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Who Holds the Privilege? Who can Waive it?

By Lindsay Parvis


Mental Health Privilege & Maryland Divorce Blog Law Series – Part 5

This blog series discusses mental health privilege (the confidentiality a client has/clients have with their mental health provider) in contested family litigation (such as divorce and custody).

To recap:

A “privilege” is the legal right to protect a communication from disclosure & to keep information confidential.  Privileged information cannot be used in contested litigation unless the privilege is waived.

Privilege attaches when certain types of professionals provide mental health services.  Not everyone who is a “counselor” or “therapist” qualifies as a privileged provider.  The scope of privilege depends upon the type of provider, and privilege does not protect everything known by or in the records of a mental health provider (except social workers).

This blog focuses on the “who”:  Who holds the privilege and can waive it?

Individual Therapy

A patient, the patient’s authorized representative, or the patient’s guardian if the patient is incompetent, is the one who holds the privilege.  So the privilege-holder decides whether to refuse to disclose their own privileged information and whether a witness shall be prevented from disclosing privileged information.  Potential witnesses could be the therapist/mental health provider, as well as the patient’s spouse, co-parent, or family.

In Maryland, a minor child is considered incompetent to decide privilege waiver.  So, this falls to a guardian.  However, in a child custody case, their parents, who are a child’s natural guardians, also lack capacity because a parent is considered to have a conflict of interest (Nagle v. Hooks, 296 Md. 123 (1983)).  An attorney must be appointed to make this decision on their child client’s behalf.  That attorney is called a Child Privilege Attorney (Rule 9-205.1 and Maryland Guidelines for Practice of Court-Appointed Attorneys Representing Children in Cases Involving Child Custody or Child Access).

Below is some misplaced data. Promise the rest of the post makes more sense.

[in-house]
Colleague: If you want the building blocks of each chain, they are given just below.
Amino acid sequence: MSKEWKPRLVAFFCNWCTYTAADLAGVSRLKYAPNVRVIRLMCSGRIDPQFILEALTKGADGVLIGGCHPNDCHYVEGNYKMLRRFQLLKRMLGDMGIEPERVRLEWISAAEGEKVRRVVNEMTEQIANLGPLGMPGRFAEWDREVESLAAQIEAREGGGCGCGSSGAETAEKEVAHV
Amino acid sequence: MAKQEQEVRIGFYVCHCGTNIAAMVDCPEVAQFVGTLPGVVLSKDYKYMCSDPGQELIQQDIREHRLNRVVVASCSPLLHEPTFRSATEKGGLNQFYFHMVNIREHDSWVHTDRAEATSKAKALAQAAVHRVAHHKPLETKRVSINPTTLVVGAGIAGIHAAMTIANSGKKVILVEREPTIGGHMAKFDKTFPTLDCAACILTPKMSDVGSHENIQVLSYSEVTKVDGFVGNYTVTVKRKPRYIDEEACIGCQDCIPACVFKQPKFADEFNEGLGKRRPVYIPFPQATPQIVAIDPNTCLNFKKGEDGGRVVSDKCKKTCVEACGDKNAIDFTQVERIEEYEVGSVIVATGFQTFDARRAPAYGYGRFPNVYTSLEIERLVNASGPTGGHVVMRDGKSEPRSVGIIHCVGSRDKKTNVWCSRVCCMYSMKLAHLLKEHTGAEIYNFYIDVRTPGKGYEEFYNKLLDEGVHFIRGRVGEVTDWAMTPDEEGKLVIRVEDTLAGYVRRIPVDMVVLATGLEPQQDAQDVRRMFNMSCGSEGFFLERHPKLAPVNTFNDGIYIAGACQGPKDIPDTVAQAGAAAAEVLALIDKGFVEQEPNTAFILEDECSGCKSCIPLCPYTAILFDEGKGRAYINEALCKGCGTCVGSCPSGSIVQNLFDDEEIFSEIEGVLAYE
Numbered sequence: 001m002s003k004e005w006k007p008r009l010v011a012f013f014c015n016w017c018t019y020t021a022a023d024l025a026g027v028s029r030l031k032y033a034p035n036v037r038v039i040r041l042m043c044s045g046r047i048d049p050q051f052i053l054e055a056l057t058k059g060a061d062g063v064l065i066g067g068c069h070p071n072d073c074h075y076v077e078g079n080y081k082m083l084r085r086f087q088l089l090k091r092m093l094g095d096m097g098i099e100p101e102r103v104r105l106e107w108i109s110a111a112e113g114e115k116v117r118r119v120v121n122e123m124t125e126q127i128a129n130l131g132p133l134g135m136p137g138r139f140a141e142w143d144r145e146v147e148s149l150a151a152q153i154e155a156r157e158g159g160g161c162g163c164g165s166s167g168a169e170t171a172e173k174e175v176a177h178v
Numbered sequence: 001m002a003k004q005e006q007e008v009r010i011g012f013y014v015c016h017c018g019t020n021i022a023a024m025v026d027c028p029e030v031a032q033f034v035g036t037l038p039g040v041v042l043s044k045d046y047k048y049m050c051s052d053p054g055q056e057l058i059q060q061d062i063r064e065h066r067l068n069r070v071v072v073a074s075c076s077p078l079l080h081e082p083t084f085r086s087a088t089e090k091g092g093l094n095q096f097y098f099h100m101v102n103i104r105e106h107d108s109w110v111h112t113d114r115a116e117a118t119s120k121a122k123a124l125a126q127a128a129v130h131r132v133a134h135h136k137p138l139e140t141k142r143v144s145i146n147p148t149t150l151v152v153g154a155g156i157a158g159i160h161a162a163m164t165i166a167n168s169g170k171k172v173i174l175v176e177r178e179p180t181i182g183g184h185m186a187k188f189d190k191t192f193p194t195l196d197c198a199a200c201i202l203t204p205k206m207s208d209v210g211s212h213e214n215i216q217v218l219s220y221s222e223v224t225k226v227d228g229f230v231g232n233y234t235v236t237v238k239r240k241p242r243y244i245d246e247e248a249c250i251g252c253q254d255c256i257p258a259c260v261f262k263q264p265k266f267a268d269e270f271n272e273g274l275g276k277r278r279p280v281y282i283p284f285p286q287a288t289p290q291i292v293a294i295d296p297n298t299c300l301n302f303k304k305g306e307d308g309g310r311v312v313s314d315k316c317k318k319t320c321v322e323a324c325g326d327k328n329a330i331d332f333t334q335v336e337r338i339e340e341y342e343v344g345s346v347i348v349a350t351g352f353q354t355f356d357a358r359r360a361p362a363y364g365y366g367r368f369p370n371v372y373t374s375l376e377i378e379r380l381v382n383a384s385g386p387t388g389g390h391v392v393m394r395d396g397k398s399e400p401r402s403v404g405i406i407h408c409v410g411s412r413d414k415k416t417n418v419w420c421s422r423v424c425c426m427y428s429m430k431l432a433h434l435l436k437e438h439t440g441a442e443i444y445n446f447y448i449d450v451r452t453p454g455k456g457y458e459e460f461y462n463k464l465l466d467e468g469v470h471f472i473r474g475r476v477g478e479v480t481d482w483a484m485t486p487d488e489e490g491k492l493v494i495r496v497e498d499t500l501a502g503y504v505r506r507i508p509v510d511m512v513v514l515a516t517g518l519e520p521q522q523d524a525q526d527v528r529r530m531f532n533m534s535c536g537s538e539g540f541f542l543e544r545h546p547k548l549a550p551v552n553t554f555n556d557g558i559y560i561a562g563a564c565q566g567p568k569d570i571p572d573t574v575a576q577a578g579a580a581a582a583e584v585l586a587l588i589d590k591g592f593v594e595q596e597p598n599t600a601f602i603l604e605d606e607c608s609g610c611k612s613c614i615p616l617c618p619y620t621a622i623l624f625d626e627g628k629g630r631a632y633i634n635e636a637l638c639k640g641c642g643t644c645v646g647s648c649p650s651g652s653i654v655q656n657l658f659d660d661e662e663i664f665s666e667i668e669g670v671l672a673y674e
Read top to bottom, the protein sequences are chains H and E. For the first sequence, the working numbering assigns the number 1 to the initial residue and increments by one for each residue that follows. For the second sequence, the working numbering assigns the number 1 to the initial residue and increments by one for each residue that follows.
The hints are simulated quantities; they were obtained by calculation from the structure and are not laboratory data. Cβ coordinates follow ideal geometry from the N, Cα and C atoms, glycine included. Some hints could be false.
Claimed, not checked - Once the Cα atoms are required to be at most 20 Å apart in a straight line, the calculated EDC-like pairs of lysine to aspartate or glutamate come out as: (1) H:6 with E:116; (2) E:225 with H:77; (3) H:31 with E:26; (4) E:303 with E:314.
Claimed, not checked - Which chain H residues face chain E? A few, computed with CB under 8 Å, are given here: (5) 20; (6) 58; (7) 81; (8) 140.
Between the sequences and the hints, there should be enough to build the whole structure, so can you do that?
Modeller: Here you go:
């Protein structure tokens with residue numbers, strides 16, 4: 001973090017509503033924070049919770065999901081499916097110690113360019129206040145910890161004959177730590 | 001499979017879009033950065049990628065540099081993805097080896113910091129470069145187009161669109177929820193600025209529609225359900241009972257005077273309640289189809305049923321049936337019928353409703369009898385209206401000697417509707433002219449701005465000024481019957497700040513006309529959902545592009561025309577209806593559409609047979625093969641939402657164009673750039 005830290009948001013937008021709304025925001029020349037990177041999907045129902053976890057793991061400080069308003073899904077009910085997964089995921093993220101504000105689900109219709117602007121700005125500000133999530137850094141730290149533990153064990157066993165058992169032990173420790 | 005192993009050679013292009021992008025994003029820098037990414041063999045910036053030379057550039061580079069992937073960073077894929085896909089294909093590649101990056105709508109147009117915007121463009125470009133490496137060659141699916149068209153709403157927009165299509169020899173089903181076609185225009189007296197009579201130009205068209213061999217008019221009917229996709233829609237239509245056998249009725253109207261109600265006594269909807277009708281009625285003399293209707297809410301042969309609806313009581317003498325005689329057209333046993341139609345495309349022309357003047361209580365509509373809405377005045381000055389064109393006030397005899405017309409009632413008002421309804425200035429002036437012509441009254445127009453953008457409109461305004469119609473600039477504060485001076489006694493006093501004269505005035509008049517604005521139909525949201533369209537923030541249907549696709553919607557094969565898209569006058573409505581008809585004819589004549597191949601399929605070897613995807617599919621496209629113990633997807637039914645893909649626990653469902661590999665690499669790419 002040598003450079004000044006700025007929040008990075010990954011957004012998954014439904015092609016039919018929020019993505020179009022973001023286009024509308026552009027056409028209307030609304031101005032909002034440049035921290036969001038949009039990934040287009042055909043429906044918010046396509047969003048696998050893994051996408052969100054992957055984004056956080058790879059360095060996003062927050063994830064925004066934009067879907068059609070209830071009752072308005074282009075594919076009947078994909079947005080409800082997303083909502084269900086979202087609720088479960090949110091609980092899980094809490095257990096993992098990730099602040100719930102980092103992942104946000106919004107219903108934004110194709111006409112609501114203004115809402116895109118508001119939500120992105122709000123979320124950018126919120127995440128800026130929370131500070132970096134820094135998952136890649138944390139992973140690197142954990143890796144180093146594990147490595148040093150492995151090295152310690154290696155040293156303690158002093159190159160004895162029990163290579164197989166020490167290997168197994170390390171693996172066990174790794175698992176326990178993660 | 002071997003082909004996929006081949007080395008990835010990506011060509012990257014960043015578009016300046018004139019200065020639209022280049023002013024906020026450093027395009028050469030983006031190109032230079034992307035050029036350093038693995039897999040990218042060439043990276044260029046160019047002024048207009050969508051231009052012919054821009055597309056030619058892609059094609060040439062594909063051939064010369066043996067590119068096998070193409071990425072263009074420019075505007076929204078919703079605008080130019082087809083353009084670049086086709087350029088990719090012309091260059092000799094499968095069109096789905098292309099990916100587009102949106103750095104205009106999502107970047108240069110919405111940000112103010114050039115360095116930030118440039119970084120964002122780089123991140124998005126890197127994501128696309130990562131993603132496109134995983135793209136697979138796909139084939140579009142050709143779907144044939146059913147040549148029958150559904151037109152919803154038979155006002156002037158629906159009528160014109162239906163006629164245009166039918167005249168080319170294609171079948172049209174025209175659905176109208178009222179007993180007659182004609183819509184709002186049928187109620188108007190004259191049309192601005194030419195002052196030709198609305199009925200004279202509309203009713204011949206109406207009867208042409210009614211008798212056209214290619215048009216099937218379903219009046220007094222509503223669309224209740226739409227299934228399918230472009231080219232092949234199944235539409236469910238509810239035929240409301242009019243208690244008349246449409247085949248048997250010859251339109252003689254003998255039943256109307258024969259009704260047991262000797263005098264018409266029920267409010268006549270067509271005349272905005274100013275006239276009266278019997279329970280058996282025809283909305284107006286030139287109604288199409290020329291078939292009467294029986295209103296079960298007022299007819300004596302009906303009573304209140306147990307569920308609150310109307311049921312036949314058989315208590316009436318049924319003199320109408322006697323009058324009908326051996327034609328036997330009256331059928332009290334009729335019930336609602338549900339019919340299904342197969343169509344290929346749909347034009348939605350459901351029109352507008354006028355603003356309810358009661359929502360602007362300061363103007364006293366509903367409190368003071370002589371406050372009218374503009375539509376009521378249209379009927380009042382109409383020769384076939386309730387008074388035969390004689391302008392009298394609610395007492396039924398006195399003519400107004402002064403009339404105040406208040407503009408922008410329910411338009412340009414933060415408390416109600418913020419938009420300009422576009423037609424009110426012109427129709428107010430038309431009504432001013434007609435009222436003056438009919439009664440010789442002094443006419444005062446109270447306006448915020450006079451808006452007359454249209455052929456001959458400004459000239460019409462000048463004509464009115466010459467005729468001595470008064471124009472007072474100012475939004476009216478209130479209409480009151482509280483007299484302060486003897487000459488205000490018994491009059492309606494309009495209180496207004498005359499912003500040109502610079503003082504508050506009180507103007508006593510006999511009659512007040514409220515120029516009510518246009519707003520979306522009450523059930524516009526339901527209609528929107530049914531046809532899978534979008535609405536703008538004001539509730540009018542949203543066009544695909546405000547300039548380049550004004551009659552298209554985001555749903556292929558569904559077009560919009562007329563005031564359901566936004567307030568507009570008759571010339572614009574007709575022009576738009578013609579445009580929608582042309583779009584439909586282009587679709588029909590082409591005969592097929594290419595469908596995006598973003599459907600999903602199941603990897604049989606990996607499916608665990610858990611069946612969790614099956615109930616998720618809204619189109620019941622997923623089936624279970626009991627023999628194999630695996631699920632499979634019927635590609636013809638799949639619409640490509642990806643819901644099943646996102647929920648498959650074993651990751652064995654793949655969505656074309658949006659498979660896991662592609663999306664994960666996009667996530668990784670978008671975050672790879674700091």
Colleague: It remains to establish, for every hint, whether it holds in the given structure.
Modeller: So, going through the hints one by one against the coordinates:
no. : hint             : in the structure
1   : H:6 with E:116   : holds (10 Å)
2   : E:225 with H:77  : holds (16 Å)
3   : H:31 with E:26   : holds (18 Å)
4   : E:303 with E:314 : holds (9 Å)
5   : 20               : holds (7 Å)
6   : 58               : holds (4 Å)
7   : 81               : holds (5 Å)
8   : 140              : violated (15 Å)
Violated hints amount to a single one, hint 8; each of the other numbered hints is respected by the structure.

Nagle v. Hooks does not apply in every legal situation where parents face a privilege waiver decision for their child.  McCormack v. Board of Education, 158 Md.App. 292 (2004) is a must read about when a conflict of interest arises disqualifying parents from deciding privilege waiver on behalf of their child.

Group Therapy

Group therapy is not privileged (Reynolds v. State, 98 Md.App. 348 (1993)).  So with nothing to waive, there’s no privilege holder.  (Records may be confidential, which is outside the scope of this blog.  Health General §4-301, et seq.)

Family & Couples Therapy

Group therapy should be distinguished from family therapy (though I’ve yet to find Maryland law that does so explicitly) and couples therapy.  Group therapy is among strangers.  So, there’s not the same expectation of privacy as in individual, family, or couples’ therapy.

Family and couples therapy are among family members/people in relationship.  Family therapy is privileged (Board of Physicians v. Eist, 176 Md.App. 82 (2007)), and by extrapolation so is couple’s therapy.

While Board of Physicians v. Eist is not the most explicit of cases, a careful reading leads to the conclusion that all participants in family and/or couples therapy are required to waive privilege.  Meaning if one does not, then no privilege waiver.

The lack of clarity in the law about family and couples therapy plus practicality (we can’t unknow something), point to the importance of not using the same therapist for individual and family or couples therapy. 

The Takeaways

  • The patient holds the privilege
  • Minor children require a child privilege attorney (or other child counsel attorney with privilege waiver authority) to make a privilege waiver decision on their behalf in their parents’ contested custody case
  • All patient participants must waive privilege in family or couples therapy
  • Check if the mental health provider’s contract for services excludes him/her from participating in litigation (which may trump privilege waiver)

Next up: the “how”: How mental health privilege is waived.

About The Author

Lindsay Parvis

“Informed decisions lead to empowered action. I make complex information & advice understandable & manageable. So my clients can focus on what matters most… their family & building a better future.”

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